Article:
SAYSP.C. Sen, managing director, IA: "If you say that there should be a level playing field with Indian Airlines, then private airlines should also fly category II and III routes." Besides, domestic airlines also gloss over the fact that they have selected the wrong aircraft in the Boeing 737 which today forms the backbone of the private airline industry. Says Malik:"B-737s give the maximum fuel economy only if they fly between 740 km and 1,200 km, but barring the trunk routes, at least half the routes in India are less than 740 km. This increases both the fuel cost of these airlines and their losses on category II and category III routes."
He has a point. For instance, NEPC Airlines consists primarily of F-27s and flies these smaller aircraft on shorter, supposedly unremunerative routes, cutting costs and maybe even garnering profits, while the B-737s of Skyline NEPC are flown on the trunk routes. And despite existing only on B-737s, Jet Airways too has managed to minimise losses on the unremunerative sectors. Clearly, where there is a will, there is a way.
Alibi number three: if the fact that costs are primarily controlled by the Government wasn't bad enough, private airlines complain, they don't even have the freedom to set their own ticket prices. While technically they have the freedom of pricing, their prices can't exceed those of IA because the airline dominates most of the routes, and they can't reduce prices because costs are primarily controlled by the Government. So, they complain that boxed in from all sides, it is only natural for their books to be inked in red.
But Chandra contends that the pricing structure is as deregulated as can be. Says he: "Unfortunately for the private operators, most of the routes are controlled by IA, which ends up dictating prices by virtue of being the market leader." Adding, that in any case, from what he can see, these price controls don't affect demand, and therefore, private operators should feel free to price themselves slightly higher. Jet Airways, for one, does price itself slightly higher, and doesn't seem to be doing too badly. For that matter, Sen points to an airline in Madhya Pradesh which is charging three times what IA charges on that route and manages to get away with it.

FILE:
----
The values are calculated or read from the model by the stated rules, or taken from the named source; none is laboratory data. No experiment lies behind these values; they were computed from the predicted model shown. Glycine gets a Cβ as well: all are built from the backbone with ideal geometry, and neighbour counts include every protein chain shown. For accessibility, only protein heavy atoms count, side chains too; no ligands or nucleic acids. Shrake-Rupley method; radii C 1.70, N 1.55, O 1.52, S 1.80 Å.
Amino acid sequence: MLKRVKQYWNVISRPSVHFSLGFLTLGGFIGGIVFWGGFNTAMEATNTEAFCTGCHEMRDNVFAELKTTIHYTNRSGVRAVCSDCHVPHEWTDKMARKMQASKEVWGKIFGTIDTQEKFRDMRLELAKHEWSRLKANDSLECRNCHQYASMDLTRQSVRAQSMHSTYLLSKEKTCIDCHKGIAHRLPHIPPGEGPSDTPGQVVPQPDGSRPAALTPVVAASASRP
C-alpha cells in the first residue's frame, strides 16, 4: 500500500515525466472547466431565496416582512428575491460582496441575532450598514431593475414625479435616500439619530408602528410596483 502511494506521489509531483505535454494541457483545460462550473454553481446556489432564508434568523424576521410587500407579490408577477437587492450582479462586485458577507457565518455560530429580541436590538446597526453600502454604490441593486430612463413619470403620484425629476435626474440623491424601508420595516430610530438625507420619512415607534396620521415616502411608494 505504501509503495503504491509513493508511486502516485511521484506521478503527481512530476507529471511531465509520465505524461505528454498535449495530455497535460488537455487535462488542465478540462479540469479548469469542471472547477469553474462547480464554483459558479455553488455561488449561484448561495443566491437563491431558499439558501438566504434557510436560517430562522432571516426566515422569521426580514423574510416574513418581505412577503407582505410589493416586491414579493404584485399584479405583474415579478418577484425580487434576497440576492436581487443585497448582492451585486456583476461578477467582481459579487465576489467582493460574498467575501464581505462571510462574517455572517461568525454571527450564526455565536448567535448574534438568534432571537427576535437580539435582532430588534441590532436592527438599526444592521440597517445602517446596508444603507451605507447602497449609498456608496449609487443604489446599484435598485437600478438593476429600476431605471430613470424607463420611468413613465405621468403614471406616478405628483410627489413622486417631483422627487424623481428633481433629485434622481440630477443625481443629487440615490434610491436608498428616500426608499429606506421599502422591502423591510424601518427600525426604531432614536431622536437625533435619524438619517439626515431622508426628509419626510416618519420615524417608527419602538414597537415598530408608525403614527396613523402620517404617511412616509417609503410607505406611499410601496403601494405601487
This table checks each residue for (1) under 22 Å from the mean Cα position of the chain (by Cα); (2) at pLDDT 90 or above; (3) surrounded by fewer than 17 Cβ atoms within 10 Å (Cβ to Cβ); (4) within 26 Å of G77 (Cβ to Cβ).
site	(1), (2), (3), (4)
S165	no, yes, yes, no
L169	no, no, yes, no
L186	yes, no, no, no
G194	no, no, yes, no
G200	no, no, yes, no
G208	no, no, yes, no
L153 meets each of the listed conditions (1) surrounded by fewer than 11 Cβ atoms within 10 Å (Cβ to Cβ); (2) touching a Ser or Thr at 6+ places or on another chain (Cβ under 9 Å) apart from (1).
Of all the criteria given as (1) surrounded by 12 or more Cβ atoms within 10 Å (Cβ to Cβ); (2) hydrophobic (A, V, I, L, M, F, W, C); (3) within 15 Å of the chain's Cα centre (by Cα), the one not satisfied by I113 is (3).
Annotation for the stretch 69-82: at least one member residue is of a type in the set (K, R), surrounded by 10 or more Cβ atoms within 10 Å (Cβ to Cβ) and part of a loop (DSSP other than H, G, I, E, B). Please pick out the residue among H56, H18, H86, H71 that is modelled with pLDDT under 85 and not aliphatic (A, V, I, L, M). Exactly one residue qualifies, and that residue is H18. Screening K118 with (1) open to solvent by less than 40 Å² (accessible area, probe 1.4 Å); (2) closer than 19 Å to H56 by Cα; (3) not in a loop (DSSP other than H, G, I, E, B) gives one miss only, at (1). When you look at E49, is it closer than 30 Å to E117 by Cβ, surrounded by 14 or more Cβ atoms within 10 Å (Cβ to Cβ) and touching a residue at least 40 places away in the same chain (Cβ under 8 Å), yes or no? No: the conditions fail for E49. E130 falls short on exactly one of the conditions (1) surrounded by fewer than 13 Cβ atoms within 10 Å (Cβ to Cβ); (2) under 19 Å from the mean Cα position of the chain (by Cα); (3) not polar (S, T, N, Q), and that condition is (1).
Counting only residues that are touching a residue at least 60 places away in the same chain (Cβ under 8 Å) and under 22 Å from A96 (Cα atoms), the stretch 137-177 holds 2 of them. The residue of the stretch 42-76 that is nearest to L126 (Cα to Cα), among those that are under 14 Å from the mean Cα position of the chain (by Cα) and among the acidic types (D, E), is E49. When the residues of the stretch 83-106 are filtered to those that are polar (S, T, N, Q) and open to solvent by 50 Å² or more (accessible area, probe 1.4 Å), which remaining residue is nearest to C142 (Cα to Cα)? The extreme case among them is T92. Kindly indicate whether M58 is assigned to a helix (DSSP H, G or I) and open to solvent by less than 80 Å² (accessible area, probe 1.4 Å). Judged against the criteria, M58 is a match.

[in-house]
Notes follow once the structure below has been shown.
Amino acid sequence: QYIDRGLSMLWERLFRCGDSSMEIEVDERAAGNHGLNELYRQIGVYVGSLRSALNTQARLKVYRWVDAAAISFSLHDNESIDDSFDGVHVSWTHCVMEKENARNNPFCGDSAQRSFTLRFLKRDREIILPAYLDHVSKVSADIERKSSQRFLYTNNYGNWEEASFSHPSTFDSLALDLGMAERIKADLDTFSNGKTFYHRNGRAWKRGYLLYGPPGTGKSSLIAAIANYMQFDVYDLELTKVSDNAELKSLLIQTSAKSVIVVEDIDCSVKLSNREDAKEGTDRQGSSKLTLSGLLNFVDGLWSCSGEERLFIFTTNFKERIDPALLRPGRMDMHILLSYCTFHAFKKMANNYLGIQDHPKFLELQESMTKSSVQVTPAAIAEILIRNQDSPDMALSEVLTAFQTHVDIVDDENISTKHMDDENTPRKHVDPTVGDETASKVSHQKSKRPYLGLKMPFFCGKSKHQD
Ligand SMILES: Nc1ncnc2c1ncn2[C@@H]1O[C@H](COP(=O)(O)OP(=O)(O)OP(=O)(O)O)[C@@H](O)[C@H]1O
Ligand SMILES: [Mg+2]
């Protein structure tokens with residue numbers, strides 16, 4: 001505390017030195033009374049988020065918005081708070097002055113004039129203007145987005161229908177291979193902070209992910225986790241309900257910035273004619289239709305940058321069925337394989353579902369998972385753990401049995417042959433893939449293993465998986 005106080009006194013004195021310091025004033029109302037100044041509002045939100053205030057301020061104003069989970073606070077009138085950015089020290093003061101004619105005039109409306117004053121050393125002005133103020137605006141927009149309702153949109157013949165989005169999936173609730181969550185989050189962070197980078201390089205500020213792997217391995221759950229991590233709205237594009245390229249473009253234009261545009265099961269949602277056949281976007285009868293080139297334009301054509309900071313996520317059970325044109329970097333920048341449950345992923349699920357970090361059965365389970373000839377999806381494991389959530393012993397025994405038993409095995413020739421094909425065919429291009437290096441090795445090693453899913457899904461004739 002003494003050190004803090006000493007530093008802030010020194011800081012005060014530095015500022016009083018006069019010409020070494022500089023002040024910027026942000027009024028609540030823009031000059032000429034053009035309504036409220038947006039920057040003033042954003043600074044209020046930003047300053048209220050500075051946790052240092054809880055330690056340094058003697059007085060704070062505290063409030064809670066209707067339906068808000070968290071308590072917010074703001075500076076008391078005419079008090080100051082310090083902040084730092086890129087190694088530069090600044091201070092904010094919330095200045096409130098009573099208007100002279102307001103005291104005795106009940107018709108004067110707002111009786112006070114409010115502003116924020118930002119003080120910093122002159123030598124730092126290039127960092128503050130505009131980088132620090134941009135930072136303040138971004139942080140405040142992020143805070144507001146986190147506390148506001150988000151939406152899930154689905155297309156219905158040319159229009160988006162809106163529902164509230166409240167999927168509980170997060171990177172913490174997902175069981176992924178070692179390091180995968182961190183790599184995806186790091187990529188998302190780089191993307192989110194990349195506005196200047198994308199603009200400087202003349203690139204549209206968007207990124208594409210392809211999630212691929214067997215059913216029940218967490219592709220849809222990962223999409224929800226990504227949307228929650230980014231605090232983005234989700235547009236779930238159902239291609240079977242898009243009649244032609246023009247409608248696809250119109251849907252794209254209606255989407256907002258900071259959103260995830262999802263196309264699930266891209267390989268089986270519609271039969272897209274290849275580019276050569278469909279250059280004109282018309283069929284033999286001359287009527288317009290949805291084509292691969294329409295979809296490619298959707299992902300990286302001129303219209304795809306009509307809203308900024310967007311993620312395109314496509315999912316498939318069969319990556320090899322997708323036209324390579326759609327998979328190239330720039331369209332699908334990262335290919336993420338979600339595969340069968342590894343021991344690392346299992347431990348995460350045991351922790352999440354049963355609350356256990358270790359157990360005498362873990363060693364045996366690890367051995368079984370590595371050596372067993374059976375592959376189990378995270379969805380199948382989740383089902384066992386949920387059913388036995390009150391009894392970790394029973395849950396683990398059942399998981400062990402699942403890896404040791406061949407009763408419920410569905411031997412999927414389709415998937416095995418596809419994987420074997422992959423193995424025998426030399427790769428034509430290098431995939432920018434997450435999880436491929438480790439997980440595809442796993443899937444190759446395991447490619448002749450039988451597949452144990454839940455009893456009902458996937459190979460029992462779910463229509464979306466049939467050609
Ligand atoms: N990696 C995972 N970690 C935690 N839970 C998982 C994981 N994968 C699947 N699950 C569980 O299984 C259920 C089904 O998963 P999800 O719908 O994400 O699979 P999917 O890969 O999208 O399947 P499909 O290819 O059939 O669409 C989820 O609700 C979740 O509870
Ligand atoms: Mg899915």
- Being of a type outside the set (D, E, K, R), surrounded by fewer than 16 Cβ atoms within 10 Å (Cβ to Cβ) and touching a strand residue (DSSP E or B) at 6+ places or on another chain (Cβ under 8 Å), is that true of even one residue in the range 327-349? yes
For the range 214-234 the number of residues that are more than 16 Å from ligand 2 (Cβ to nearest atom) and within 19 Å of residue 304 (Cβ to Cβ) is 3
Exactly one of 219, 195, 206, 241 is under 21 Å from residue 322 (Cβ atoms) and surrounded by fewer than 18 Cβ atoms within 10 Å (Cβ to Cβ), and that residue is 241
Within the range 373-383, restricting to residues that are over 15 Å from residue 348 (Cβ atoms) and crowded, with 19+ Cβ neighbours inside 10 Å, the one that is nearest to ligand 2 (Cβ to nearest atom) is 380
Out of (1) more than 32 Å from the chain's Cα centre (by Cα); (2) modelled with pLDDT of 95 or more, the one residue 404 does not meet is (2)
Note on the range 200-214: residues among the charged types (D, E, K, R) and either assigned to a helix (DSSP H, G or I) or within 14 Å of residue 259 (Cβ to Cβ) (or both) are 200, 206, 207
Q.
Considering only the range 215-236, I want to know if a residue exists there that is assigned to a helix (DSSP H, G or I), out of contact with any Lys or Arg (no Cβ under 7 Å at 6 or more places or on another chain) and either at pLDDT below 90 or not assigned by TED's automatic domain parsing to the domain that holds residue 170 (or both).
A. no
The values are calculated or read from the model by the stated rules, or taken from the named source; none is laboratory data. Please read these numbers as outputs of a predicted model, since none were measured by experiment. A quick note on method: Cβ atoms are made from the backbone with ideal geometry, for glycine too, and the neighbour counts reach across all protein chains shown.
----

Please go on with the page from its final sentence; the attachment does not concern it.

"In any case, air fares have increased by an average of 138 per cent ever since the open sky policy was announced in 1991," says Malik, preferring to dismiss the pricing of tickets as a minor problem. Instead, both Sen and Malik and others in the industry point to numerous other factors which have caused problems for private airlines.
Firstly, there has been no effort to develop the market in India. Private airlines estimated that the business traveller would provide 80-85 per cent of their business. They made no effort to develop the Indian leisure market. Says Malik: "This market is price-conscious but throughout the world has proved to be the biggest engine of growth for the aviation industry."
Secondly, poor management has compelled these airlines to fly B-737s on short-haul sectors with low demand, decreasing their load factor and increasing costs. Hence, airlines are unable to achieve an average 73 per cent capacity utilisation, something which would have enabled them to at least break even.
Besides, most of the airlines are under capitalised, which has forced them to go in for short-term operational leases for their aircraft and pay for it through debt. That they have been unable to meet their obligations despite increasing their debt-equity ratio has deterred financial institutions, both domestic and foreign, from giving loans. This liquidity crunch, therefore, leaves no scope for purchase of aircraft, or even replacement of the uneconomical B-737s.
The only conclusion that appears to make sense, therefore, is that the private airlines could do far better than take the easy way out: point at the usual suspect, the Government. The real culprits may be in their own plush offices.